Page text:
Evolution (or the lack thereof) and future of the OpenEdge ABL - Forum - OpenEdge Development - Progress Community

Evolution (or the lack thereof) and future of the OpenEdge ABL

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Evolution (or the lack thereof) and future of the OpenEdge ABL

  • Regarding package management, this is typically taken care of as part of a build pipeline. Almost all pipelines that are likely to adopt whatever package management any one offers at this point uses ant with PCT.

    PCT has Apache Ivy to take care of this. We have implemented this locally and it works fine (we use Sonartype's nexus as repository which is basically a maven repo, but it contains zip files with abl r files in our case). The build pipeline pulls in a zip file for each dependency and flattens the various dependencies into a single tree for the actual run time.

    Basically all that's needed is adding <target name="get-dependencies"><get-dependencies/></target> and xmlns:ivy="antlib:org.apache.ivy.ant" to build.xml and create an ivy.xml file that lists the dependencies:

    <ivy-module version="2.0">

    <info organisation="com.tvh" module="ms-whatever" revision="1.0"/>

      <publications>

      <artifact name="ms-whatever" type="zip" ext="zip"/>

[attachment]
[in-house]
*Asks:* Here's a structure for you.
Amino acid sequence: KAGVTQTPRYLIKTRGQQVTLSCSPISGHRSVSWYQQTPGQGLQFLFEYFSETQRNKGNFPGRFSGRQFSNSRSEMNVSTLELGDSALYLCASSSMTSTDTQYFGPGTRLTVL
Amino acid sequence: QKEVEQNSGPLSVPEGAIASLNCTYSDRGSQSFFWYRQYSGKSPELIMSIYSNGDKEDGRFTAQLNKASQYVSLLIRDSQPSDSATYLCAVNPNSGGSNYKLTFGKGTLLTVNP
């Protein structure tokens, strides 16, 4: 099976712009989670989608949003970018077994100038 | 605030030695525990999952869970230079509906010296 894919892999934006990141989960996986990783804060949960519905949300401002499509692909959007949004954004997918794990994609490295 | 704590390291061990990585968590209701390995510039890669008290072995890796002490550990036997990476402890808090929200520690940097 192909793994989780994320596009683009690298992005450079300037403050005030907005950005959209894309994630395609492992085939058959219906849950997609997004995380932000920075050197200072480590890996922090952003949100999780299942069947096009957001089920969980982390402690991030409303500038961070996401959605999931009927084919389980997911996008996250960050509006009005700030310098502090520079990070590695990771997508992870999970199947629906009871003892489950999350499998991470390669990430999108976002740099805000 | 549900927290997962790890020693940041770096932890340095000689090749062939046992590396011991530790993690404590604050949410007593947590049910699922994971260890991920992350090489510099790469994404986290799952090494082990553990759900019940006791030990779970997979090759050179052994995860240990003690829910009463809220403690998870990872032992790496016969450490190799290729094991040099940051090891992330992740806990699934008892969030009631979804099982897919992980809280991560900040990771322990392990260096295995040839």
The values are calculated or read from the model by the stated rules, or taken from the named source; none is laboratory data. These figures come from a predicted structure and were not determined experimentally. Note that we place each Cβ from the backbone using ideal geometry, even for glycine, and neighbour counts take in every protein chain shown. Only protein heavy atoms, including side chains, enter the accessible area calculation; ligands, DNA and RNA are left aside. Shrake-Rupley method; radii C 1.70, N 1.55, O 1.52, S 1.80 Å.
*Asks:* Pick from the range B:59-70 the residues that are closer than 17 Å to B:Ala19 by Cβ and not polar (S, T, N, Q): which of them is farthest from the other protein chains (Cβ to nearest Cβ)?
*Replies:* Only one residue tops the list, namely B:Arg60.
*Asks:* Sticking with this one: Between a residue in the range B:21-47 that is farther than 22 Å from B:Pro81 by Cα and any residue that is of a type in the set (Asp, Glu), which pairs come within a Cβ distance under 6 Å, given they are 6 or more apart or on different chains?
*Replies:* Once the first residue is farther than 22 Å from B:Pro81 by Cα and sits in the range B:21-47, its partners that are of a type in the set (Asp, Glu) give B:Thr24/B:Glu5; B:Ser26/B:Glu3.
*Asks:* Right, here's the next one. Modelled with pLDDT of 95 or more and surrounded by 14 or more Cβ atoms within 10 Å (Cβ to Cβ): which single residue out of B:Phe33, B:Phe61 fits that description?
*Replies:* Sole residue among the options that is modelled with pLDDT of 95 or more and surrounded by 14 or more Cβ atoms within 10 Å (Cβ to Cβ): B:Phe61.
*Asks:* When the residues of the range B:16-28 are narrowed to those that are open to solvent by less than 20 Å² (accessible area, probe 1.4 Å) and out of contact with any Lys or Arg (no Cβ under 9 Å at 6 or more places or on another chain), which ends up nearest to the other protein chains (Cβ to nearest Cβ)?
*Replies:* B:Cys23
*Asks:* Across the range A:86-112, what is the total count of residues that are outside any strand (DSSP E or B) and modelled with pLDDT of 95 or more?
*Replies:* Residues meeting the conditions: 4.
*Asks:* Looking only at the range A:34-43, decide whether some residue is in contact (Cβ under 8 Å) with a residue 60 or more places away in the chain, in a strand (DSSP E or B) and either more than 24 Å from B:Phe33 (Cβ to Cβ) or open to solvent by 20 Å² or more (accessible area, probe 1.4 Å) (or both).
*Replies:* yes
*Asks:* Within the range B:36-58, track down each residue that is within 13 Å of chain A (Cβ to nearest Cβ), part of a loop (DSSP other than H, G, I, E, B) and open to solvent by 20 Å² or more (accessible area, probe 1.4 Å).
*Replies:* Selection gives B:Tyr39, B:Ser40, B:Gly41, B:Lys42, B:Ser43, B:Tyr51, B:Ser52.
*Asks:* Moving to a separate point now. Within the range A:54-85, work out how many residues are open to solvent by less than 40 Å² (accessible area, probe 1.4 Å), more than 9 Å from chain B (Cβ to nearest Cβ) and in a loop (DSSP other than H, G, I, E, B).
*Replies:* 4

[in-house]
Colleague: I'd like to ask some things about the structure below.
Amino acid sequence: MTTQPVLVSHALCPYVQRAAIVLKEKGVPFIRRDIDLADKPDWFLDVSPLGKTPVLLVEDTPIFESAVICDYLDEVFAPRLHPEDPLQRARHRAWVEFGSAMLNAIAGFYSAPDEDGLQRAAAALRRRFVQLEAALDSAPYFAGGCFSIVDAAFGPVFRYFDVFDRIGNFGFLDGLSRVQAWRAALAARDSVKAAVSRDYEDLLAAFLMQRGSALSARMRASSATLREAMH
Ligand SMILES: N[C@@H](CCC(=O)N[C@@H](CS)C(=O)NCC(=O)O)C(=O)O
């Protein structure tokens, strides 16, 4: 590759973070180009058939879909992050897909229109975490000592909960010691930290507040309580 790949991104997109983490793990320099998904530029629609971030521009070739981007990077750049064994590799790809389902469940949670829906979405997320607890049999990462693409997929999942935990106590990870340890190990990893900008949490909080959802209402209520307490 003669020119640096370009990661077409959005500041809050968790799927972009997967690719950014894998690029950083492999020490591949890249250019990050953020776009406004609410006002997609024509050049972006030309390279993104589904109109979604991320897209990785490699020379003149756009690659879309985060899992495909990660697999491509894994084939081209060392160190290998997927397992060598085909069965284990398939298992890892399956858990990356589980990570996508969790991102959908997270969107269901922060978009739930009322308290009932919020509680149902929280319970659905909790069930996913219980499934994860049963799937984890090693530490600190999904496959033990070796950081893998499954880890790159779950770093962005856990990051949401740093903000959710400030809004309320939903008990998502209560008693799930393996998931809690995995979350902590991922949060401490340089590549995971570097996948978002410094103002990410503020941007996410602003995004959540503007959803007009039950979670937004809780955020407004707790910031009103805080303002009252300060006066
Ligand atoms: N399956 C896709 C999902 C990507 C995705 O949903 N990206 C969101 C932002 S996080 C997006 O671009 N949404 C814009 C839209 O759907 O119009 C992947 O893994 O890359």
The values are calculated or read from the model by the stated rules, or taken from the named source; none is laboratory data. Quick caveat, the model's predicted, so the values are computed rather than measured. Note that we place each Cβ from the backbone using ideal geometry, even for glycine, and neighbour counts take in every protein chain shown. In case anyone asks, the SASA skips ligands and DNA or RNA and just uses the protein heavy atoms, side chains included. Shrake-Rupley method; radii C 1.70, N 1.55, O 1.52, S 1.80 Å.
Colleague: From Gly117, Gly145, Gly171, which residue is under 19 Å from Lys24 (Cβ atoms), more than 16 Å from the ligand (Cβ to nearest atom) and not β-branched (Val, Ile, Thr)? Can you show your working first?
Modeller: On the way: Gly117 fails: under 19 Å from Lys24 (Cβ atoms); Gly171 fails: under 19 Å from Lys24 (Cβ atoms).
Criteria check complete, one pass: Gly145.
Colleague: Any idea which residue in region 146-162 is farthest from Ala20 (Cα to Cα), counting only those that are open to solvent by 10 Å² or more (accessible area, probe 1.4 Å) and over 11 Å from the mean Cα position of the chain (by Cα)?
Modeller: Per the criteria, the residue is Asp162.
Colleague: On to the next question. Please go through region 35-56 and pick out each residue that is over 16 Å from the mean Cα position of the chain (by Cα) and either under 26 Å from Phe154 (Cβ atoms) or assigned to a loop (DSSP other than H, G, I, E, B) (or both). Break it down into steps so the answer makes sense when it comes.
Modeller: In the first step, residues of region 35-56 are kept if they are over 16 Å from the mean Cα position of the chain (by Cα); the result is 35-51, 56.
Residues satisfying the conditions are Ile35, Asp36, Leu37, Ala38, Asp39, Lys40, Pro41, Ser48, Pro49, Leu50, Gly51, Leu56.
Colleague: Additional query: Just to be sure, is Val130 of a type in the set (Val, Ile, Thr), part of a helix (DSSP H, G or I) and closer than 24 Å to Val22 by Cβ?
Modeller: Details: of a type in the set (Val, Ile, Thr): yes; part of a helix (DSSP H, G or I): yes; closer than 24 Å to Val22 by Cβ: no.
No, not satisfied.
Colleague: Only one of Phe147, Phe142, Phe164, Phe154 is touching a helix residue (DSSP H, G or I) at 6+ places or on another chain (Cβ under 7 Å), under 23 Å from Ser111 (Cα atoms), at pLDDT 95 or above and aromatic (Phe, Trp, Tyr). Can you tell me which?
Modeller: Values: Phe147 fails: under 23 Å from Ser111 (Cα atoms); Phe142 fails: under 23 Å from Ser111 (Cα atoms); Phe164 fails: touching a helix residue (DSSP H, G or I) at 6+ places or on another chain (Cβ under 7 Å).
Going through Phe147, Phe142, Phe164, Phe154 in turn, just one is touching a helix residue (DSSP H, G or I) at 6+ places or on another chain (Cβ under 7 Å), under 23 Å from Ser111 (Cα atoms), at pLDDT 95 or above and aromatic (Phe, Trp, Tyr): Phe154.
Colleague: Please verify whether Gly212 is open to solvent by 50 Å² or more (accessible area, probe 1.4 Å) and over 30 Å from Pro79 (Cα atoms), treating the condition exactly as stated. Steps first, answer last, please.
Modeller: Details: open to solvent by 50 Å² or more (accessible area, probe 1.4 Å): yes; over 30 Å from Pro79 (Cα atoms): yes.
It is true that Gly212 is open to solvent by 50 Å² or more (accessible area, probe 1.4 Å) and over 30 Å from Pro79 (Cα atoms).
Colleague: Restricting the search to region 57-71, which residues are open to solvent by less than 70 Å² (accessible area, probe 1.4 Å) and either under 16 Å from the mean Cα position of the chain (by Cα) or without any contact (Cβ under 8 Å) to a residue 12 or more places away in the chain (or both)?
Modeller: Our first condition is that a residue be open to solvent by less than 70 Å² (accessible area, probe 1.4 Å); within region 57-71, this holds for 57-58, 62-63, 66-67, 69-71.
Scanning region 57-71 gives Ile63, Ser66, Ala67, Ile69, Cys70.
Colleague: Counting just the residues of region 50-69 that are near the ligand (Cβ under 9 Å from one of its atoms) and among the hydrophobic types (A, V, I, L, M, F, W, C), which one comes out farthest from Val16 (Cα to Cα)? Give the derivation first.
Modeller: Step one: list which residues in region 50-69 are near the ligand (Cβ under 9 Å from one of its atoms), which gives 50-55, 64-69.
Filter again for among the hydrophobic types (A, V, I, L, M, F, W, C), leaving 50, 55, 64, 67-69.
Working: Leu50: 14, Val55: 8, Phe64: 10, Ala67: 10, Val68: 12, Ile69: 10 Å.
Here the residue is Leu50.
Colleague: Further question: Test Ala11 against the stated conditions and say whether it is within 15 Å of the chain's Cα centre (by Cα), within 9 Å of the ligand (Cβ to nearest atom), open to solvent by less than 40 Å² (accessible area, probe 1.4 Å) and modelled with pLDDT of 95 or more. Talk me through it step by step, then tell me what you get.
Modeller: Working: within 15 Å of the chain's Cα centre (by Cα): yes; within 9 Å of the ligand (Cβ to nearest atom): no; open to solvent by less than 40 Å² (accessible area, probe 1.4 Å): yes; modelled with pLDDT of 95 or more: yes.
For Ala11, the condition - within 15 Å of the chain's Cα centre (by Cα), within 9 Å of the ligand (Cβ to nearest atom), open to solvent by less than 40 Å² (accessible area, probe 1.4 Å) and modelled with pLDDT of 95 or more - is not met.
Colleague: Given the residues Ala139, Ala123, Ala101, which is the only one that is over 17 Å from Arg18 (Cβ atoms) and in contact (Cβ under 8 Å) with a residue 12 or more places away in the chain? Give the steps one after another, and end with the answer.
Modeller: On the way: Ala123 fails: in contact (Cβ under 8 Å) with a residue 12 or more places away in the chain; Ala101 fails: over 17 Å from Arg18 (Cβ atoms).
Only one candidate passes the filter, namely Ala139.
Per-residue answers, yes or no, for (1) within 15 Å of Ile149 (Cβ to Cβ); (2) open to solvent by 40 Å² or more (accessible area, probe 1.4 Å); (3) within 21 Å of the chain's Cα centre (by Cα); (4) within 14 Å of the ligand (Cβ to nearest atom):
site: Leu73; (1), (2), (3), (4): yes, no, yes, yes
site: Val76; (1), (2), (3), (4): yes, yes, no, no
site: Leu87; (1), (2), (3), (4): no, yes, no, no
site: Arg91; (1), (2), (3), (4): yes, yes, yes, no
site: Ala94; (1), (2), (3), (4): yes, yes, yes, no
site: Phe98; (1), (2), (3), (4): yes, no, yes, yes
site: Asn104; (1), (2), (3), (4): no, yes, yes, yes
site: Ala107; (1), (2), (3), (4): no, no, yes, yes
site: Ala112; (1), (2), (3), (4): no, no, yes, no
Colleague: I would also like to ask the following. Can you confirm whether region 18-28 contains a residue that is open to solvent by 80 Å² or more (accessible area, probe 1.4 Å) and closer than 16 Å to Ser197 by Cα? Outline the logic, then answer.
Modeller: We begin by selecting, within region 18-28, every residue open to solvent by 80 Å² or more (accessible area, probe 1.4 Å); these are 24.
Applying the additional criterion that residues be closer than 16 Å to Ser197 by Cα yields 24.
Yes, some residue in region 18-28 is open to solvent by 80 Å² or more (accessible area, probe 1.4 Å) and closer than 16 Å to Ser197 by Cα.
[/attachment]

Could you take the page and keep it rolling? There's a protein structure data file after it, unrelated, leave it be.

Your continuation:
<artifact name="ms-whatever-full" type="zip" ext="zip"/>

    </publications>

      <dependencies>  

        <dependency org="com.consultingwerk" name="scl" rev="1.0">  

          <artifact name="scl" type="zip" ext="zip"/>  

    </dependency>  

      </dependencies>

    </ivy-module>

    No coding is needed for this, no changes to .pl files, no significant change in the way people work with building,...

    If someone were to set up/host a public repo and write some tutorials it could be a problem from the past. I must admin though that it is not something I am volunteering to do.

  • hehe, get-dependencies is a macro, it takes slightly more but not that much:

               <ivy:settings file="ivysettings.xml" />

               <ivy:cleancache />

               <ivy:resolve/>

                <unzip-dependencies source-dir="@{target-dir}" target-dir="@{target-dir}"/>

    where unzip-dependencies is a macro that does this:

                <unzip dest="@{target-dir}">

                   <fileset dir="@{source-dir}">

                       <include name="**/*.zip"/>

                   </fileset>

               </unzip>

  • +100

  • Personally, I've always liked pretty much everything about Progress and not really fussed about whether it has bolt-on's to be similar to modern languages - its about the speed and ease at which the application can be developed.

    The biggest problem with Progress is purely to do with integration.  Whilst in the past Progress could live in its own world and companies only had one main application to support their business, its a whole inter-connected world out there.  When doing any integration, Progress has always been a sore point.  You can get all other database vendors into a room for applications to integrate with each other, but there will always be a separate 'How does Progress do it' meeting.